Tom was strange like this, which is why he isn’t in the main gang that hangs around the house. He’s someone who shows up once in a while and stays around until one of the more ornery of the bunch starts a fight with him and he goes home. Tom doesn’t like to fight and Freaky Freddy or Stewie always start something with him because he’s an easy target. First off, there’s the song. What were his parents thinking, naming him after a nursery rhyme? You don’t go a day in school without hearing someone break out in the hallway but especially in the cafeteria with “Little Tommy Tucker sings for his supper . . .!” They should’ve just called him Humpty Dumpty. As for toughness, last fourth of July at the fireworks we got challenged to a big brawl by some kids from another town, and everyone jumped in but Tom, later on explaining that he was watching out for the deputies. Sure. Another time, a few of us found a stolen car left out in the woods and after waiting a gentlemanly couple of hours, we hotwired it and rode it around an apple orchard, except for Tom who said he didn’t want to leave any fingerprints. He isn’t an outright chicken, but even on hot days like this one, he’d back out when we’d all jump off the bridge by the river, whip underneath on the strong and scary current, and then launch out the other side to noisily float by any disturbed customers having dinner on the veranda of an Italian restaurant named Frankie’s. We call the place the Godfather’s on account of the movie and because Frankie and some of his customers seemed more than a little shady. Tom busses tables there on the weekends and his excuse for never jumping off the bridge is that he can’t be seen swimming by and waving the middle finger at confused patrons or he’d lose his job. My gang was convinced it was really because it took some serious effort to swim the rapids under the bridge and either he couldn’t manage it or his yellow streak wouldn’t allow it.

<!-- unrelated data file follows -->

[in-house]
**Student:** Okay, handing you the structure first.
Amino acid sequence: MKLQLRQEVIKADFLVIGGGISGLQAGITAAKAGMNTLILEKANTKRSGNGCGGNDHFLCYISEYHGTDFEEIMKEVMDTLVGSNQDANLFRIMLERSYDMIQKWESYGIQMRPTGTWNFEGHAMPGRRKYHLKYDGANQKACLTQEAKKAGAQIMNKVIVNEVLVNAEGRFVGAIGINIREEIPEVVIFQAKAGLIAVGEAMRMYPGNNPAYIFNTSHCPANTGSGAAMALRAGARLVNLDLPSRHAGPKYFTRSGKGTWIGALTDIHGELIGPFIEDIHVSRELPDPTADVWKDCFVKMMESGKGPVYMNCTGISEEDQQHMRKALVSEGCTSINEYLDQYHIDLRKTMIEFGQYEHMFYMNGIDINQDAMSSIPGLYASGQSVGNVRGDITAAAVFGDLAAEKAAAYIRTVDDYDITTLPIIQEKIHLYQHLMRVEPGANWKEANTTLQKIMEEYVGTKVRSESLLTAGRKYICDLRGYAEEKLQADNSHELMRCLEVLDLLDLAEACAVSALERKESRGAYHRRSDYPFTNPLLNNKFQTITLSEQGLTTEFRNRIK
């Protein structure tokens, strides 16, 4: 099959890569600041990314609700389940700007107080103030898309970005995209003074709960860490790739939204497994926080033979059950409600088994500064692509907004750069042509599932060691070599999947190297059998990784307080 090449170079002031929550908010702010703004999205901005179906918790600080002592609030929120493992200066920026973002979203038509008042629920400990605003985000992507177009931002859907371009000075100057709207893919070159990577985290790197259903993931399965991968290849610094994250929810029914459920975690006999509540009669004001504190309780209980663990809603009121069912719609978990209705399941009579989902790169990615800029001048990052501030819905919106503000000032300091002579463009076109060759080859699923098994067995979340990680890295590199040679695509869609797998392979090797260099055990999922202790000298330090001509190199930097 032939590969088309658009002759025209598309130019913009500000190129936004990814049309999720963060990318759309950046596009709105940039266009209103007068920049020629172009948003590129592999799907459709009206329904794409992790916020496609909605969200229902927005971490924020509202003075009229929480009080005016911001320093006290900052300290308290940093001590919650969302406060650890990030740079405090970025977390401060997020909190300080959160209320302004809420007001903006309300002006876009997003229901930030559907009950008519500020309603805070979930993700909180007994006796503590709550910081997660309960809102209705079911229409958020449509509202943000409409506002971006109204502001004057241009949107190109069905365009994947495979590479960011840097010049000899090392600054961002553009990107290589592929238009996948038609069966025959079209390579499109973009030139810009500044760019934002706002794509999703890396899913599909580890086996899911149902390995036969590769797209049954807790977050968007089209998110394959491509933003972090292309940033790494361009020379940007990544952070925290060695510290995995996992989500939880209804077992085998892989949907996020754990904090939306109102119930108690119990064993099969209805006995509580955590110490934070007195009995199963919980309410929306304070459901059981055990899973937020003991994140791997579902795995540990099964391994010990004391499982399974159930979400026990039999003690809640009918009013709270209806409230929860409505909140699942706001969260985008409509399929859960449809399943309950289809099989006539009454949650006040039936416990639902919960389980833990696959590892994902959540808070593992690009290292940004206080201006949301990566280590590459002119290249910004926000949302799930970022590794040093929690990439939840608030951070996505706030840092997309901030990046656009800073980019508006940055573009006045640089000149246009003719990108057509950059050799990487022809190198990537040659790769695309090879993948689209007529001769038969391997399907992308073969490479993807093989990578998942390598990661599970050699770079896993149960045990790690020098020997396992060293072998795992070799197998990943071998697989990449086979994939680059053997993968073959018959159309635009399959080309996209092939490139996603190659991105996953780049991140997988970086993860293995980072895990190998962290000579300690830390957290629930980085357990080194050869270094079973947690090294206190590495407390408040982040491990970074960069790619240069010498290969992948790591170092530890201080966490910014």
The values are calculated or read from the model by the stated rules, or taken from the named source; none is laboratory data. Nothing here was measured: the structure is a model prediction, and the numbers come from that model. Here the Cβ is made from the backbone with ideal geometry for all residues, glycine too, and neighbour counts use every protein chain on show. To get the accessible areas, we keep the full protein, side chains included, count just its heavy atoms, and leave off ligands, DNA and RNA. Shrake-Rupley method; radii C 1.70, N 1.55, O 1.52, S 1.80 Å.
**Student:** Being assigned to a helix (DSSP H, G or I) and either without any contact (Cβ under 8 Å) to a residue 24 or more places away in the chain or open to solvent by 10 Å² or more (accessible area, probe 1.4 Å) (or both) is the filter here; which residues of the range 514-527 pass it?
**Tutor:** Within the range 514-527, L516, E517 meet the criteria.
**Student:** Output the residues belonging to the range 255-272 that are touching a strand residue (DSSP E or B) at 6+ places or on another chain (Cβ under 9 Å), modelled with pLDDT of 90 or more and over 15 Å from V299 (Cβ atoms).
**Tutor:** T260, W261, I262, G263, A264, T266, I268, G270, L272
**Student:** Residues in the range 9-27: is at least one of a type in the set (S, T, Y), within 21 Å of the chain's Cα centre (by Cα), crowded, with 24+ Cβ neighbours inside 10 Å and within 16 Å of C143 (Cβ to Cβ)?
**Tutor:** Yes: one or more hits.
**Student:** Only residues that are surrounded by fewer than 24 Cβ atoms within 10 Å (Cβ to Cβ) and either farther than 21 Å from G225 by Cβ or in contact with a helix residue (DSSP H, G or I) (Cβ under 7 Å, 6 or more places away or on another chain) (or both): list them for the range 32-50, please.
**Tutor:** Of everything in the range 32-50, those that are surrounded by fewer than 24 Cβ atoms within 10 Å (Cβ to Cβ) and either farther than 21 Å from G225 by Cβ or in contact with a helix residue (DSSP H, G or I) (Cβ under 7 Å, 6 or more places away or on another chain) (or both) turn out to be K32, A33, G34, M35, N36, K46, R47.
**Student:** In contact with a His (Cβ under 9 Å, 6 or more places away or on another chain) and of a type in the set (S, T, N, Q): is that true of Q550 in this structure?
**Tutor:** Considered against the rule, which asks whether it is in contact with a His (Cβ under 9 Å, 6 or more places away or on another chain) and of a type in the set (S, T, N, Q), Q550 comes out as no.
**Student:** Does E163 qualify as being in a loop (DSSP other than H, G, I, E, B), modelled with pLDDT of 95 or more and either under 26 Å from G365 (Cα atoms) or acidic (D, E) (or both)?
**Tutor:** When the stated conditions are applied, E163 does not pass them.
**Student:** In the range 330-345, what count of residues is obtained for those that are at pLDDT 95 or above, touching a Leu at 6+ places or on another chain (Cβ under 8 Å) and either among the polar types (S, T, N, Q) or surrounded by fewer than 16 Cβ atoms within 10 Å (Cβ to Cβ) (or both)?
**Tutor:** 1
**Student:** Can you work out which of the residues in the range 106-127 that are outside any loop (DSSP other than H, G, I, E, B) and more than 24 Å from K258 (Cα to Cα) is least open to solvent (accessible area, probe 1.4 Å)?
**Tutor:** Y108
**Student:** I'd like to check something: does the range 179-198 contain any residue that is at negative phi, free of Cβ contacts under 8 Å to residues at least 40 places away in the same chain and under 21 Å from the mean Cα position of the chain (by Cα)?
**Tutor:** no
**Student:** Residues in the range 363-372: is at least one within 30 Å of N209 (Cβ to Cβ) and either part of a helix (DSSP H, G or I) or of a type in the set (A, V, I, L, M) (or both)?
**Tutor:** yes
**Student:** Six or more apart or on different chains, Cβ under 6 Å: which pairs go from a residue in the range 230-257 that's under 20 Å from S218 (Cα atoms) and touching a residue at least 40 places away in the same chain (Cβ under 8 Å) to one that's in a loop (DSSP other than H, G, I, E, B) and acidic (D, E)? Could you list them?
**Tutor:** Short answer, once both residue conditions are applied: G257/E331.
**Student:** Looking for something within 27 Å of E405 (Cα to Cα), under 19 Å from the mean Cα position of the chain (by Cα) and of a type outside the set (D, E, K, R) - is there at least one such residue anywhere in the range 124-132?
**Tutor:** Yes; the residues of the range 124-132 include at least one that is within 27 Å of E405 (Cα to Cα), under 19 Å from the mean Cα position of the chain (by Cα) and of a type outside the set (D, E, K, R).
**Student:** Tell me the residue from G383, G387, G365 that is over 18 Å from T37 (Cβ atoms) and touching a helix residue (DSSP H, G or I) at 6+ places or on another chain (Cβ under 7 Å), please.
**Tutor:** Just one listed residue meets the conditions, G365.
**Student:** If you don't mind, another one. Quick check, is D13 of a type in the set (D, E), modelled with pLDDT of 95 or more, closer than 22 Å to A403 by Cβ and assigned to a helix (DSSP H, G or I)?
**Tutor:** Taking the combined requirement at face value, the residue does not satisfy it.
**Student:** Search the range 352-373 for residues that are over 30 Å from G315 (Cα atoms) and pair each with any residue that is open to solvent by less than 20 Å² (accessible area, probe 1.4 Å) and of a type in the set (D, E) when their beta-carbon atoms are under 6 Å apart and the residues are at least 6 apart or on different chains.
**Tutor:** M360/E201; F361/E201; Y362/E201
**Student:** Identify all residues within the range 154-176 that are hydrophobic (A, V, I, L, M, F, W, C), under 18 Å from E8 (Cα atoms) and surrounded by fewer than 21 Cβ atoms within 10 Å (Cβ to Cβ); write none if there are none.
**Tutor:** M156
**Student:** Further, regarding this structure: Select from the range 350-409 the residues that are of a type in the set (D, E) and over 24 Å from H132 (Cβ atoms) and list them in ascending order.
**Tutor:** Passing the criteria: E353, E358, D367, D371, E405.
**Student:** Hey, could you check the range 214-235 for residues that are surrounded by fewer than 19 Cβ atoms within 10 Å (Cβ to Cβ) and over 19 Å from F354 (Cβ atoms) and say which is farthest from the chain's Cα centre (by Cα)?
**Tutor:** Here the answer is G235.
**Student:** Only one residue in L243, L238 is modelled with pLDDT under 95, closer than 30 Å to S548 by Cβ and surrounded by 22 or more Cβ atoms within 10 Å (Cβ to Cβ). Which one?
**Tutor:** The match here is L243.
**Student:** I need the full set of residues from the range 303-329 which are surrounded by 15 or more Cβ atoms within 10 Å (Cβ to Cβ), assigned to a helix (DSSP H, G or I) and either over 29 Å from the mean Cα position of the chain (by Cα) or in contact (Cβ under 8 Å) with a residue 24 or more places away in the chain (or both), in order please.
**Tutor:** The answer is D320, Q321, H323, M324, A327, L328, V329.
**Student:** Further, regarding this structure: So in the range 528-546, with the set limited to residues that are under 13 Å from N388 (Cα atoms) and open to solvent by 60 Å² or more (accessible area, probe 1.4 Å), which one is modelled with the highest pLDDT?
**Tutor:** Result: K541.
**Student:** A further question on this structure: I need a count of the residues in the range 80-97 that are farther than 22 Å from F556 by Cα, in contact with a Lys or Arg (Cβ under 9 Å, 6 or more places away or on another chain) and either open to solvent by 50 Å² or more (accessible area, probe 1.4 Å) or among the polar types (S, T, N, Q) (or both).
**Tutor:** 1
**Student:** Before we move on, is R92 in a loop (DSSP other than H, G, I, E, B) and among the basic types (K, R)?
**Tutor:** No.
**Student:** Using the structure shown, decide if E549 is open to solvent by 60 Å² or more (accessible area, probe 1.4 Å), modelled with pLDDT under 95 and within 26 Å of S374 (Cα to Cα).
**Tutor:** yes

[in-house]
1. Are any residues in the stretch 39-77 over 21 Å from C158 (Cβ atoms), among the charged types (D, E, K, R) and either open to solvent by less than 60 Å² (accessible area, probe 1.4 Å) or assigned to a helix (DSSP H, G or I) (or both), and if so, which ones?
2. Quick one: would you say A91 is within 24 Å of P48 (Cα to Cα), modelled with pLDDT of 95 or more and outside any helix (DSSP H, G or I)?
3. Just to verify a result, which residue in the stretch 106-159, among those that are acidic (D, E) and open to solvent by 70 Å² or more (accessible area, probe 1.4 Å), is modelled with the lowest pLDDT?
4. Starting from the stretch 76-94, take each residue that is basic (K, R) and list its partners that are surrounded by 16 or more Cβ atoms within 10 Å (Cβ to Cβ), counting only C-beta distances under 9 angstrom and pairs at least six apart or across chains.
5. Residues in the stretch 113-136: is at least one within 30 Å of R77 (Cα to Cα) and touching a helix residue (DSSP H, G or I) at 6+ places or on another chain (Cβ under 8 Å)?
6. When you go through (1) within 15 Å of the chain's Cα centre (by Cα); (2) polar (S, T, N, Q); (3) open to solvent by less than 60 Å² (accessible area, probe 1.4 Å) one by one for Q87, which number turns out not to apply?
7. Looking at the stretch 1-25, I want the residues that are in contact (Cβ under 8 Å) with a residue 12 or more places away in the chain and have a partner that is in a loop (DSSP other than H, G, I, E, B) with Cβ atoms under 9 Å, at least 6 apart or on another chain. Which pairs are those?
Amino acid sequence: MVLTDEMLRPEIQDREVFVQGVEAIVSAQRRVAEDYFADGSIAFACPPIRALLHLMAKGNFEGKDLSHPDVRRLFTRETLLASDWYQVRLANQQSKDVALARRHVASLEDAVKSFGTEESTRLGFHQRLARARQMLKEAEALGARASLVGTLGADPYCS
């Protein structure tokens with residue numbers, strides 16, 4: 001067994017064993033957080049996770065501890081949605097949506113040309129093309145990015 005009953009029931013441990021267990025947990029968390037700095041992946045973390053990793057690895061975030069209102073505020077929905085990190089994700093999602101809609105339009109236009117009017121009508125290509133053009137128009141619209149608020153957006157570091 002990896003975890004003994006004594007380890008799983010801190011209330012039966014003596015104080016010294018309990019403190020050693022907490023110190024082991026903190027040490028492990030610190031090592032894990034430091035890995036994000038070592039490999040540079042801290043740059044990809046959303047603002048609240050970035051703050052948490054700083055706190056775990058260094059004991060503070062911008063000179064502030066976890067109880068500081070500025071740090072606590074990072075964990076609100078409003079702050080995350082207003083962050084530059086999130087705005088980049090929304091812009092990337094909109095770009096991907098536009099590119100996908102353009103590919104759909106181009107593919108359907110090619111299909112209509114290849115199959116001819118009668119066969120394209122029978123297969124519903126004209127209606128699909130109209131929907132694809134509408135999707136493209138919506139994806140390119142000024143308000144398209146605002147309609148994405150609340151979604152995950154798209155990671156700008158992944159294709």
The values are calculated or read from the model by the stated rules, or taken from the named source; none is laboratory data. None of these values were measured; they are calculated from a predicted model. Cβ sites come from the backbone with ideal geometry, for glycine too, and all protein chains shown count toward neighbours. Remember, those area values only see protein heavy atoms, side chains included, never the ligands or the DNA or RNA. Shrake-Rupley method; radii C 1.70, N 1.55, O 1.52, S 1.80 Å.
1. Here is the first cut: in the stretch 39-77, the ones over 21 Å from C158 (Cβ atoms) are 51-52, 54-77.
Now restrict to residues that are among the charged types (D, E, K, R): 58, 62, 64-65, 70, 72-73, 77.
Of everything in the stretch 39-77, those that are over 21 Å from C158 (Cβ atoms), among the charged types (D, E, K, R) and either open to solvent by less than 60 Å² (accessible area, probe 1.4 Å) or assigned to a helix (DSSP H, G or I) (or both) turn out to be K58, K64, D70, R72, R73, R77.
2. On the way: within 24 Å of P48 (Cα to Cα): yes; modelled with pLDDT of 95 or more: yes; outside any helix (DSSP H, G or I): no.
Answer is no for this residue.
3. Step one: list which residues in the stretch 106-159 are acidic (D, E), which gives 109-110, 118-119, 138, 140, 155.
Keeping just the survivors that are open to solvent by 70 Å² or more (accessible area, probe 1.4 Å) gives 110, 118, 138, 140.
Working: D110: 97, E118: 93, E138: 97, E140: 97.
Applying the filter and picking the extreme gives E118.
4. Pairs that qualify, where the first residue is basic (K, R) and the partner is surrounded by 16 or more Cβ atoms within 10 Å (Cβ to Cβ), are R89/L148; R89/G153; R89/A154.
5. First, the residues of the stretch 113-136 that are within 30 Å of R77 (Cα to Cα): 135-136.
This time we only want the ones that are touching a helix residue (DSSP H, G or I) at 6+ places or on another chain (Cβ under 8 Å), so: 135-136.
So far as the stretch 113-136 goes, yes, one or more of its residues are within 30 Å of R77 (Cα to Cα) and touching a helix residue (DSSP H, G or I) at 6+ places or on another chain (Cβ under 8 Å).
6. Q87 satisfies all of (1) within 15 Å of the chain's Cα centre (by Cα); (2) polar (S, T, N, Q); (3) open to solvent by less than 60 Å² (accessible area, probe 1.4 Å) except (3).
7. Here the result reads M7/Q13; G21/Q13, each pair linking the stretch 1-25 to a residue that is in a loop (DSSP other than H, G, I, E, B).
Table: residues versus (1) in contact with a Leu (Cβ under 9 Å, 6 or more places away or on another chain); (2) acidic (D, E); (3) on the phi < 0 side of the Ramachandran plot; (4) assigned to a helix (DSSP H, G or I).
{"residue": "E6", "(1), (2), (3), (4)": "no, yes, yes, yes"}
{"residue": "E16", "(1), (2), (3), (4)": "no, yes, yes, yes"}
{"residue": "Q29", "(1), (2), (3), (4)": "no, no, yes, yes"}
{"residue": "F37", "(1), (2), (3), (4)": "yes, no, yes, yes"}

“Cut the crap, Tucker,” I scoffed and then leaned into him, “Or I’ll tell the guys you were crying for your mommy.”